Second, they are going to show you a lot of the movie they are dissecting.  When they put the "spoilers (duh)" warning up, they mean it.  If you want to watch the movie, or at least watch the movie without knowing all of the gapping holes in it, wait until after you do so before watching the Cinema Sins guys.

Trust me, the '2012' and "Batman and Robin' breakdowns are amazing, but work your way up to them with National Treasure.  Nike Cage is always a safe bet!  Enjoy.

https://www.youtube.com/watch?v=1ul-_ZWvXTs



Thursday, January 15, 2015

Ignoring the Lessons Learned

Minnesota Senator Terri Bonoff greatly disappointed me with her bill to strip seniority from the teacher's ranks.  It's mind boggling a Democrat would author a bill like this.  Senator, you do know that there are already methods in place to remove bad teachers, don't you?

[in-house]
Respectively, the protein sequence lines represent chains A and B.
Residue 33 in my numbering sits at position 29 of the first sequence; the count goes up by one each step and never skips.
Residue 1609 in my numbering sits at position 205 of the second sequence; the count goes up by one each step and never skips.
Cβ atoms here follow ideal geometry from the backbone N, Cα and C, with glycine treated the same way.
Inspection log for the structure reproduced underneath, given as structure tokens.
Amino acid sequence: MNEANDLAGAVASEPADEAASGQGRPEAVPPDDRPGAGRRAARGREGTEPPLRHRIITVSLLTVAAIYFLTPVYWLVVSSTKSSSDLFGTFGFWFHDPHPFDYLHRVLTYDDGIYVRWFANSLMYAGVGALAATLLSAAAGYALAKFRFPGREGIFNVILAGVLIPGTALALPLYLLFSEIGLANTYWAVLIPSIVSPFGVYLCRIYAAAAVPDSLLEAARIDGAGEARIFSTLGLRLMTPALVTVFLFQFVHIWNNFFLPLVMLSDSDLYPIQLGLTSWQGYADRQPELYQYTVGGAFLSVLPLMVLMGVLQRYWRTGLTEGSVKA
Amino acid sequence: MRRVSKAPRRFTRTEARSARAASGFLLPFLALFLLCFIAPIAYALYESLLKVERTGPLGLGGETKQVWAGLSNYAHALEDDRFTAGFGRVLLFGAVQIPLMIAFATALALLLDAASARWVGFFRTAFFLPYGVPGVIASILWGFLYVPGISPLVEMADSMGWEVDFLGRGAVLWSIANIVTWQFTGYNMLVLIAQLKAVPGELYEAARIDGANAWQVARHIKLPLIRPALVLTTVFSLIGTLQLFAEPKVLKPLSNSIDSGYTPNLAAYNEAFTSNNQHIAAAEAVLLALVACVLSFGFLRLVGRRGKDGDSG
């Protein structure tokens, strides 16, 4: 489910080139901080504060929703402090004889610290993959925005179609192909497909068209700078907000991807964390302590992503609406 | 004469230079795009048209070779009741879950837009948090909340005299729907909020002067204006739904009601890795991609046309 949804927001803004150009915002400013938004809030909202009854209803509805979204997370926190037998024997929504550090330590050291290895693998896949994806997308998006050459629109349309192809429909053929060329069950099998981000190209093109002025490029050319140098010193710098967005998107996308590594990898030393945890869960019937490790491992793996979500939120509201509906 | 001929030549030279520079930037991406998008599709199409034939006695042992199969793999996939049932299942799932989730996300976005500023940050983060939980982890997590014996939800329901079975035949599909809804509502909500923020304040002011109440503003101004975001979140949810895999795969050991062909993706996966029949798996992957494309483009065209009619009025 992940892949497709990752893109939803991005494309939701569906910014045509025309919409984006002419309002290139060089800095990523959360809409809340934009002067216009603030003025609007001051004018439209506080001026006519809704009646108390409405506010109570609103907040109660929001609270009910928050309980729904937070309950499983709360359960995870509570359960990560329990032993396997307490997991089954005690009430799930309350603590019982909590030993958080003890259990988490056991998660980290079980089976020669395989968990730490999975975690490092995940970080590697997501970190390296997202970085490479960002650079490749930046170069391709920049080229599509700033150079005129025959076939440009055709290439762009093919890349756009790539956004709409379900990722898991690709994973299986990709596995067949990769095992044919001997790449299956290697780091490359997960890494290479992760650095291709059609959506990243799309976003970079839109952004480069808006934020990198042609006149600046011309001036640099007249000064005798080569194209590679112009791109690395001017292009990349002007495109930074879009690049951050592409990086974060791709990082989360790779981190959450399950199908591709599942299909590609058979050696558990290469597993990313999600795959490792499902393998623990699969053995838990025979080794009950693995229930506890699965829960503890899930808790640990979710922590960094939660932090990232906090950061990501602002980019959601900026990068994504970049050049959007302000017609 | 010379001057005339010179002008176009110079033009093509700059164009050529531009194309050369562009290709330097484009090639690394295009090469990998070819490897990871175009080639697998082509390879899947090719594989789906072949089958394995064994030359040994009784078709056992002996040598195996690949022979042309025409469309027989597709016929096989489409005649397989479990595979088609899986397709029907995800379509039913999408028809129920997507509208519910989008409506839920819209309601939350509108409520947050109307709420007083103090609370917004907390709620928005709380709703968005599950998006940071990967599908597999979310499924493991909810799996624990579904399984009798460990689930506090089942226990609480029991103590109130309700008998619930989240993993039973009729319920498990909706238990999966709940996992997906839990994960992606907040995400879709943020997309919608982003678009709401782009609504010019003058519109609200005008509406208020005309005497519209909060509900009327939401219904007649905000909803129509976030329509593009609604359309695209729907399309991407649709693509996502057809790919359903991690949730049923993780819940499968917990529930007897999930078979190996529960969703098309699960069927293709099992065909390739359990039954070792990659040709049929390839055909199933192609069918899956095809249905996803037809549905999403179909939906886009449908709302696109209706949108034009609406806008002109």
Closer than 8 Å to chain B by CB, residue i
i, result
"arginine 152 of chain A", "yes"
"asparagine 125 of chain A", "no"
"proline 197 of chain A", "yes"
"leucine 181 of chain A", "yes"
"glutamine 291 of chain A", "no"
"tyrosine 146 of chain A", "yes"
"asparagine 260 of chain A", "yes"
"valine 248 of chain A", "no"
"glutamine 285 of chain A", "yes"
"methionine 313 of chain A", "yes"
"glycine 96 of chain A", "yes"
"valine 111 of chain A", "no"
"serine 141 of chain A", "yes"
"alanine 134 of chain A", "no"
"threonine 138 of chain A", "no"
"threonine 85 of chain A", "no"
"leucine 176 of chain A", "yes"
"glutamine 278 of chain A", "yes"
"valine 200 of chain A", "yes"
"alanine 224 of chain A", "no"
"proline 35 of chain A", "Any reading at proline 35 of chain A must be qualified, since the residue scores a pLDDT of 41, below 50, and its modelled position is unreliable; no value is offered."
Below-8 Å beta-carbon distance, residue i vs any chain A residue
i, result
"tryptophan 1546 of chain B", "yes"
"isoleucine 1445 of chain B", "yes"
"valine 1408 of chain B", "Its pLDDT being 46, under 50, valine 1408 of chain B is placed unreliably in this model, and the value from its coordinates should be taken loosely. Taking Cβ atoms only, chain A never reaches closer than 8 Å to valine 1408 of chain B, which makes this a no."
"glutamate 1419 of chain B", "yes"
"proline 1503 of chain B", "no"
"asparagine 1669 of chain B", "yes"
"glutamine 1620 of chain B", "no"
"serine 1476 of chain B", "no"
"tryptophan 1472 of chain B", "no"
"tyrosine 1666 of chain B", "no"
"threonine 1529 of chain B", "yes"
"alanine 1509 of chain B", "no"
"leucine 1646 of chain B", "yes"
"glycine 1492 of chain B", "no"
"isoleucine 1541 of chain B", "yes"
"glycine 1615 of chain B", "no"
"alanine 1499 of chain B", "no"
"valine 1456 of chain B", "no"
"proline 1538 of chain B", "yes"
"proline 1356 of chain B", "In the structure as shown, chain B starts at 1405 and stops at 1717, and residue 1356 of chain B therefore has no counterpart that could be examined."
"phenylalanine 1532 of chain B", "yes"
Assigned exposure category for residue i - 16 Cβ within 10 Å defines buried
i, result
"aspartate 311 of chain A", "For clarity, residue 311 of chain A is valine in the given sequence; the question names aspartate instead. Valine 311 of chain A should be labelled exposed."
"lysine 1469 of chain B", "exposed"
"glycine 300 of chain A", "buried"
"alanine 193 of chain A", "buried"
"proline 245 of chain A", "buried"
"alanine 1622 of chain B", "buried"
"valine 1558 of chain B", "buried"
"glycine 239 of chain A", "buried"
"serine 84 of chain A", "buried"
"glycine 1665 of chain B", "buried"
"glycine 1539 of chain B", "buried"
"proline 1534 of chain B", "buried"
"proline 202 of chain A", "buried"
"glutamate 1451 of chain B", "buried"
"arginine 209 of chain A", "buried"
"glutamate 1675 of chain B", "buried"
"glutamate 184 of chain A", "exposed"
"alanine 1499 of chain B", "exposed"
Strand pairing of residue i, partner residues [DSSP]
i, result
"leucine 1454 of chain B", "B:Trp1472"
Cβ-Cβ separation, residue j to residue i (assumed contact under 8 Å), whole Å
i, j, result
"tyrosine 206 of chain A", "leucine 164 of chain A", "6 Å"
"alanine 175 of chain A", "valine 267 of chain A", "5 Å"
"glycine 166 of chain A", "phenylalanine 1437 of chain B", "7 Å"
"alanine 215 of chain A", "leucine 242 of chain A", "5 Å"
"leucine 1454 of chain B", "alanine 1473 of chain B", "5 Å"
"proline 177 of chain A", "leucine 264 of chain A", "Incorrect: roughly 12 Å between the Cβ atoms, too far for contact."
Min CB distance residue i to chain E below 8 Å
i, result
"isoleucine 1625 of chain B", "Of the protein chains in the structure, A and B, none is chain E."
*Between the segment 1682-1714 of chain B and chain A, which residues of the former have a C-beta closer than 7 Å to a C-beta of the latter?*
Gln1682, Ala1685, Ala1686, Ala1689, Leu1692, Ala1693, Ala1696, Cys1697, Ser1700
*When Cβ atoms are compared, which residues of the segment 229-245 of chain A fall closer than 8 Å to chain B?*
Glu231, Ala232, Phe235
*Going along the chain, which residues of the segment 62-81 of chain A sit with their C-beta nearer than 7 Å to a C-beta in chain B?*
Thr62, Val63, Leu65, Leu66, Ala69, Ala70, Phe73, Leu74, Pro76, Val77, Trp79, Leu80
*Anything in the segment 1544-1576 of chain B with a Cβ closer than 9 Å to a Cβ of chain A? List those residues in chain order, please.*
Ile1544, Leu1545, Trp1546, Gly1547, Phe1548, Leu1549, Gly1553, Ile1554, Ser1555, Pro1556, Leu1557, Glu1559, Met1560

I know Senator, "I'm not saying we throw out all experienced teachers."  In turn, yes you are.  We have already seen an education system ripped apart by the mythical weeding out of "bad teachers," but in state after state where they have gotten rid of seniority protections, the quality of education has fallen dramatically.  Why?  Because conservatives then introduce a test structure which actually hurts experienced teachers and rewards inexperienced teachers.  Then the good teachers are thrown under the bus, accused of being a bad teacher even though they had a 99% graduation rate before the new testing structure.  They are labeled as a bad teacher even though they had all passing grades on their tests but the overall scores weren't as high as a brand new teacher who only taught the test for an entire year.

What other industry is it good to throw out all of your most experienced professionals? Tell me.  Who would hire an architect or law firm, or a medical group who routinely threw out a third of their most experienced professionals just because they didn't preform well enough on an arbitrary test?  Maybe if the House and Senate got rid of their seniority rules and got rid of their bad legislators first, then maybe you could lead by example, giving your argument more validity.  And trust me, there are a lot of bad legislators, Senator Bonoff.